Grey gouge screams for RBA board seat

From the AFR:

There are growing calls for the next federal Treasurer to appoint an investor representative to the Reserve Bank of Australia board on warnings that record low bond yields and official interest rates have driven up the cost of self-funded retirement by as much as 35 per cent.

Broadening the board’s expertise beyond its normal corporate chiefs and monetary policy academics would inject the much-needed perspective of retirement savers, a growing group of Australians who have been slammed by the double whammy of collapsing returns and a government crackdown on super concessions.

That’s the view of Doug Turek, managing director of Melbourne-based family wealth advisory and money management firm Professional Wealth, who says bringing an investor onto the board would leaven the influence of the “business and mercantilist economist academics” who currently dominate the nine-member group.

Leaven it for who, Doug? What about every other interest group in the country influenced one way or another by interest rates? What about the economy itself?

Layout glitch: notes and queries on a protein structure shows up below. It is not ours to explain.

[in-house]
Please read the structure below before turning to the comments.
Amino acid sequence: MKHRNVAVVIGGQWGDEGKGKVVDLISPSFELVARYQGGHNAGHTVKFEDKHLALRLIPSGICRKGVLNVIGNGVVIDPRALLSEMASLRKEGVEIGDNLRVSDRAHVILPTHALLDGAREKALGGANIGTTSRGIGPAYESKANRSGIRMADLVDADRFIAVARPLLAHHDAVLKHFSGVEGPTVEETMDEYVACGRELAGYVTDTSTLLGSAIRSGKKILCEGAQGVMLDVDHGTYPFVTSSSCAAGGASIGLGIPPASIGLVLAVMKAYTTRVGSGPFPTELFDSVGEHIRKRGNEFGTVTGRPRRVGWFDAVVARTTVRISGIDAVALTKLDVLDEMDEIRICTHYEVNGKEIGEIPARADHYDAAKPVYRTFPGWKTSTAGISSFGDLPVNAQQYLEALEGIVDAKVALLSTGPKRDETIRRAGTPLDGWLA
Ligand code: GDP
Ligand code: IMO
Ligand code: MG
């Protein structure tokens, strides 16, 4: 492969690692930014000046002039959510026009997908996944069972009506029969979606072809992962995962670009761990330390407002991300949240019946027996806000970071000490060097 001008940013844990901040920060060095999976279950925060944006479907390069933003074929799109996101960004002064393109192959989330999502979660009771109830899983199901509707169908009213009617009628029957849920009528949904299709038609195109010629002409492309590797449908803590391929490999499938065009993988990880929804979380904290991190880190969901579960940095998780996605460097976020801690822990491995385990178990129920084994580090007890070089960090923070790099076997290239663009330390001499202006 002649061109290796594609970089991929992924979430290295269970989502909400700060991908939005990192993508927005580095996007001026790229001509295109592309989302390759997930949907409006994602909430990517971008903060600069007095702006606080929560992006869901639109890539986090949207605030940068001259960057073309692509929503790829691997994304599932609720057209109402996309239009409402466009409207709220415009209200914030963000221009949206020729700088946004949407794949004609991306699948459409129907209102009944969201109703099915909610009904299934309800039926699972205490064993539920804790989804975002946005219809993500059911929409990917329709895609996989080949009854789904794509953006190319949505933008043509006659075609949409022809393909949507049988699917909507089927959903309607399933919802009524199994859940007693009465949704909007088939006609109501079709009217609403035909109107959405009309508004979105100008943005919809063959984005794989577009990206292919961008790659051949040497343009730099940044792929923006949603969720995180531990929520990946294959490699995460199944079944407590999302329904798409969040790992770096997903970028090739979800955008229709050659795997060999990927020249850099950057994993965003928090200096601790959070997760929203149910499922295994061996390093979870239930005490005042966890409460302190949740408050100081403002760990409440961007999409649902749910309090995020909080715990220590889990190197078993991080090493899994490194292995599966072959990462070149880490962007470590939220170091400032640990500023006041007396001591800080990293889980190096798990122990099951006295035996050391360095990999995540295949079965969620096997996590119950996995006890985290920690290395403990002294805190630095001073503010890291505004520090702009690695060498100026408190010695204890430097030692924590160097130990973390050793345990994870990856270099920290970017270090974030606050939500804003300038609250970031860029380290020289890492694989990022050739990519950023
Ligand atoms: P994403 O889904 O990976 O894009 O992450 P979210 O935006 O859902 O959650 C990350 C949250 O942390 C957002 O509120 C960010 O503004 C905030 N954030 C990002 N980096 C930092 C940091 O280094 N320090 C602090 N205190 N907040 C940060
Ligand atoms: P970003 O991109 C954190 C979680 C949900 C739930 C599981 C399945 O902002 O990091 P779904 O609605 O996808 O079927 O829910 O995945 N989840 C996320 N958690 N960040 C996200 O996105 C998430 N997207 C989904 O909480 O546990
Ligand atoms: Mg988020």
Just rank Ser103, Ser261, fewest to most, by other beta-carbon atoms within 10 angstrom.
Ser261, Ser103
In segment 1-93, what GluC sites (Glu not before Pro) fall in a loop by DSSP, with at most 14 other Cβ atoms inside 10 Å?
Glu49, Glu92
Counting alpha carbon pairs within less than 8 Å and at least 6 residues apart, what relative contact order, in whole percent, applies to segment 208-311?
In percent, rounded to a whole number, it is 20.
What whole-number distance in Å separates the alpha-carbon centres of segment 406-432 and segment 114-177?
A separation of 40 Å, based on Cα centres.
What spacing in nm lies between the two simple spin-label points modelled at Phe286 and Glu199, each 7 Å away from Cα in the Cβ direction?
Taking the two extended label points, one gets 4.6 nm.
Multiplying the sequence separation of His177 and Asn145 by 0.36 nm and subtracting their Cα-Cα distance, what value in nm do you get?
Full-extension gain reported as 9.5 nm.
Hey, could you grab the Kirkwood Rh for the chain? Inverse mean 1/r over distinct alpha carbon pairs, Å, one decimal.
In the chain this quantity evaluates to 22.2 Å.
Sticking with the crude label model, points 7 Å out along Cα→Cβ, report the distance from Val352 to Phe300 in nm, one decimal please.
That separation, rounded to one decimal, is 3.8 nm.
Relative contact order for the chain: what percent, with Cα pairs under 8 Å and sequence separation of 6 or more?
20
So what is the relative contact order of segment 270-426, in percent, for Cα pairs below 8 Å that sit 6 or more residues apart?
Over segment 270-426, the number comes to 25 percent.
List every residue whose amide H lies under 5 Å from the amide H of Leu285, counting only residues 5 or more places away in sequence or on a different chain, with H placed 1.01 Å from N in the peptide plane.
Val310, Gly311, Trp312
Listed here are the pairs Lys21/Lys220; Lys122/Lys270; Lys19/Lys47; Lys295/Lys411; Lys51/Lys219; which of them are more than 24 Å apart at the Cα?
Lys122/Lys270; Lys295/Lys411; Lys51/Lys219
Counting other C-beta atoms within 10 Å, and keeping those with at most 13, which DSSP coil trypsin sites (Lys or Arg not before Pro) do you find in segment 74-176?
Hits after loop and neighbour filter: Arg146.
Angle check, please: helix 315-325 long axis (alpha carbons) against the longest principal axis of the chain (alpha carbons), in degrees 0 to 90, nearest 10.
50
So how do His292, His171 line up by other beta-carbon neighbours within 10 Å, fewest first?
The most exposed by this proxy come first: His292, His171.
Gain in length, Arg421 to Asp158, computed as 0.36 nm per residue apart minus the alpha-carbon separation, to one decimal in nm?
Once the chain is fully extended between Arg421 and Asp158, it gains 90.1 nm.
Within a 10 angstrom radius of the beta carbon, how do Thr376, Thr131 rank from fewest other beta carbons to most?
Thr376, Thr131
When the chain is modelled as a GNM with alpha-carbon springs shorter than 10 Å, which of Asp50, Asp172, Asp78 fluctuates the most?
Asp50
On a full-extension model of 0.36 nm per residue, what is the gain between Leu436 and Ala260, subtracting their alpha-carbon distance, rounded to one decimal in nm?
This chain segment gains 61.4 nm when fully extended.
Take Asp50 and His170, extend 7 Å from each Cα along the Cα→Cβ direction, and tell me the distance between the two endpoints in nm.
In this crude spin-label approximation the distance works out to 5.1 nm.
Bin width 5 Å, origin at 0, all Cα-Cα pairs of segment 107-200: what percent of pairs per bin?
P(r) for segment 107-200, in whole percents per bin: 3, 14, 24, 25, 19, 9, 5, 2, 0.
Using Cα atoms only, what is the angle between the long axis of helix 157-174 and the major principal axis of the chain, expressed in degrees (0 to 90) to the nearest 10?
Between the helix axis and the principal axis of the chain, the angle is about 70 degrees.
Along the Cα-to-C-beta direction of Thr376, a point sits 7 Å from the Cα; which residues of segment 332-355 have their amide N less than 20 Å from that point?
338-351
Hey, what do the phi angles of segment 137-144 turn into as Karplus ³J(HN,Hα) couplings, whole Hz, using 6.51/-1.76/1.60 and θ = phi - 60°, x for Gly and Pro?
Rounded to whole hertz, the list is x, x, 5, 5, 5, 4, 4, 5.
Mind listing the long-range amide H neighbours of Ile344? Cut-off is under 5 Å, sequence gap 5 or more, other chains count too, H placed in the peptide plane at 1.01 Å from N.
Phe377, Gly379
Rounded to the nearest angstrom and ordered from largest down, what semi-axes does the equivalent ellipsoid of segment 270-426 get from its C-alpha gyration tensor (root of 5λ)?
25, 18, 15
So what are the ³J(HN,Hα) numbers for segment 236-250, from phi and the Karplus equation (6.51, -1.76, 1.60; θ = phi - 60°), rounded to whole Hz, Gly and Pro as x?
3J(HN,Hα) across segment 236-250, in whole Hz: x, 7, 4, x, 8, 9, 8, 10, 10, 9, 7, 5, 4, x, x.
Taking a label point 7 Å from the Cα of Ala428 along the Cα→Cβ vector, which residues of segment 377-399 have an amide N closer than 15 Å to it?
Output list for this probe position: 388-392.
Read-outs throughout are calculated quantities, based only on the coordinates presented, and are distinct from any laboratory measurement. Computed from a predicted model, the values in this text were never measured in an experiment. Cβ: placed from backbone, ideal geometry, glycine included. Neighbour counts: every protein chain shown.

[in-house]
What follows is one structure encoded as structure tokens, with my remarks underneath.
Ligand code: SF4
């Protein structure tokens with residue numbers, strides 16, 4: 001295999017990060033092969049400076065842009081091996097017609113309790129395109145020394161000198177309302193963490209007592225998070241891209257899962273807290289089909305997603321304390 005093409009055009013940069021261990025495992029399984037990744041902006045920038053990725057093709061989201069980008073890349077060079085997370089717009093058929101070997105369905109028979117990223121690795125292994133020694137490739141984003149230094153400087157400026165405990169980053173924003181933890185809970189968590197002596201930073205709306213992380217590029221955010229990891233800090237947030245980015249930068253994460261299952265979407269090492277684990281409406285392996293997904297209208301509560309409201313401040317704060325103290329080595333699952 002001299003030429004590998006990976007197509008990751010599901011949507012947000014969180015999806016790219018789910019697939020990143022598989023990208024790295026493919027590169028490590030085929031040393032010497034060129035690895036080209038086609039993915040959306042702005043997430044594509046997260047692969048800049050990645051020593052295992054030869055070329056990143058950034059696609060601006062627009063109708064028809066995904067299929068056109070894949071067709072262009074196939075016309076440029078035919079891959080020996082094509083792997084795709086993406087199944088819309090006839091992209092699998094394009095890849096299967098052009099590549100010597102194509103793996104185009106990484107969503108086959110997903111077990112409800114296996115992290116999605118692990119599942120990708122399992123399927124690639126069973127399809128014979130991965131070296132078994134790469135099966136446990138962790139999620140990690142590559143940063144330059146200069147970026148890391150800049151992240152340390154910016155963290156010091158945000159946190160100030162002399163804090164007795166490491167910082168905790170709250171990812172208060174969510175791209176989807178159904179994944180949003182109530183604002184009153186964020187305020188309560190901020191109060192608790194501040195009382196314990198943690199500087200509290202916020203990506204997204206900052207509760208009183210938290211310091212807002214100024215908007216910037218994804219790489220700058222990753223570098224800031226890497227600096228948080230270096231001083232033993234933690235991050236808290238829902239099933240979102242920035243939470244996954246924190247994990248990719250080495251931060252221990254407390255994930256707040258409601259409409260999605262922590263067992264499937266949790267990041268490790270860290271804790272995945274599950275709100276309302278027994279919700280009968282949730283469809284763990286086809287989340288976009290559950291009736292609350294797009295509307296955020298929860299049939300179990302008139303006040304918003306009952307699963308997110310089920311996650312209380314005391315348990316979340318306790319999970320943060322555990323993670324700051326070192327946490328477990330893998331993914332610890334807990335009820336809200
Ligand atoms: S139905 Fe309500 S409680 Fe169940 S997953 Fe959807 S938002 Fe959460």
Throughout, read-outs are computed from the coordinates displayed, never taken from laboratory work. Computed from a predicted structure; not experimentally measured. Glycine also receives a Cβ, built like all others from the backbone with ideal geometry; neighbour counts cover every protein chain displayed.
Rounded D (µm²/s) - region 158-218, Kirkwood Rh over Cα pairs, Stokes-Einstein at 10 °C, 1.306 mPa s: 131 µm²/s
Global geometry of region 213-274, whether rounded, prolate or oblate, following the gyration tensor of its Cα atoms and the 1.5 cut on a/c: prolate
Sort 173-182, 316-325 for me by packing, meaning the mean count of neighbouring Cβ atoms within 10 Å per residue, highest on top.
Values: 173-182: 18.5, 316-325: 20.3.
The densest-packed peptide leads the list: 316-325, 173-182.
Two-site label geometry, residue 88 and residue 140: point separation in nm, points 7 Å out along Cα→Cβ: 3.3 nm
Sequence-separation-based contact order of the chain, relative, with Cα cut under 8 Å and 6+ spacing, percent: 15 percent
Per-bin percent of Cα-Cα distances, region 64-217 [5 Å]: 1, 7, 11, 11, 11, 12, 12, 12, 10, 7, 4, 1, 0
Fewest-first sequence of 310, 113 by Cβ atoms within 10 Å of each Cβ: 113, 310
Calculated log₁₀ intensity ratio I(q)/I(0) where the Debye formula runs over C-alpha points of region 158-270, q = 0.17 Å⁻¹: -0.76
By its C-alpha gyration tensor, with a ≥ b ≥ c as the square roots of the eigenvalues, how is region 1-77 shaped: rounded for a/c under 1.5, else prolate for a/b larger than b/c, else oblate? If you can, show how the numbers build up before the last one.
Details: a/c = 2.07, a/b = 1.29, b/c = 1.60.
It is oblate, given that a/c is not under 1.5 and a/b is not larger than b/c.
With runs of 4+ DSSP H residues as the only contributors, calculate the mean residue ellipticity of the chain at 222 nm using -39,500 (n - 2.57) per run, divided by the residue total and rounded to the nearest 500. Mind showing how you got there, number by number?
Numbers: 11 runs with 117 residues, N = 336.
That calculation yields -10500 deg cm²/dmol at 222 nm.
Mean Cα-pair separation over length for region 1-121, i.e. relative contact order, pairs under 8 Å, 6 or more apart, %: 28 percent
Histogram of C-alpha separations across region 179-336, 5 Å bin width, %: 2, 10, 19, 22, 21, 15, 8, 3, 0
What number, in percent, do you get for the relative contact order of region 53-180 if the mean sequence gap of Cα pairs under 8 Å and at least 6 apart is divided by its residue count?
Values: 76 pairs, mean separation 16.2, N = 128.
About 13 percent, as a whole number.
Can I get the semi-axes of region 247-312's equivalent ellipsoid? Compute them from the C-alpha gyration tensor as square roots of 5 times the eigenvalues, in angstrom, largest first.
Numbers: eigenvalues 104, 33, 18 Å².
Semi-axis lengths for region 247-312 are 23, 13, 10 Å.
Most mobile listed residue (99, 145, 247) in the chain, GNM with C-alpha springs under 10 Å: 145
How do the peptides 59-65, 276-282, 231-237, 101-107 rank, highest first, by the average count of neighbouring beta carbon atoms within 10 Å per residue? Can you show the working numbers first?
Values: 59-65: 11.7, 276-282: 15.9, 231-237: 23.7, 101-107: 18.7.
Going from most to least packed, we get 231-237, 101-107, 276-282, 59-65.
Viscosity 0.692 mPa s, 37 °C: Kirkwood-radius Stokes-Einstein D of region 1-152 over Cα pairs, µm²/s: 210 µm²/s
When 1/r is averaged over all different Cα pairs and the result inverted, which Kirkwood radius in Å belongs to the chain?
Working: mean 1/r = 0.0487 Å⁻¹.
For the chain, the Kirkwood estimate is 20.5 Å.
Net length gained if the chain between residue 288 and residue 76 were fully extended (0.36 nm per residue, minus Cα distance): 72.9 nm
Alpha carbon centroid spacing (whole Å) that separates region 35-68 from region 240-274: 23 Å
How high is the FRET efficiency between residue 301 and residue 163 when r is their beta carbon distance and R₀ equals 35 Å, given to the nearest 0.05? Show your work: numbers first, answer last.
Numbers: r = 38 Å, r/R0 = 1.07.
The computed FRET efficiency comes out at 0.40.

I’m afraid that this is just whinging. Low interest rates are not just something that appeared out of the blue. The prime diver is peak debt which Mr Turek’s generation accumulated as it lived beyond its means for thirty years. The bill is slowly but surely coming due so we all have to tighten our belts.

Retirees are getting a far better deal than most given the vast bulk of the Budget and economic repair will fall upon the shoulders of workers as the ratio of the aged to working age population mushrooms. Superannuation concessions and the pension are a massive Budget cost, already approaching a $100 billion per annum bill:

ScreenHunter_7348 May. 19 08.04

And they’re only going to get much bigger as the Boomers retire.  The family home is still outside of the pension assets test.

The answer is that the economy will have to shift its structural drivers from debt to productivity and tradables. That means lower interest rates and currency. But that is a hard path and in the meantime we have no leader explaining this to anyone, rather they pick off and champion the grievances of specific groups, feeding entitlement and division for their own gain, delaying the adjustment even further.

It would a be much better idea to scrap the RBA board altogether.

David Llewellyn-Smith
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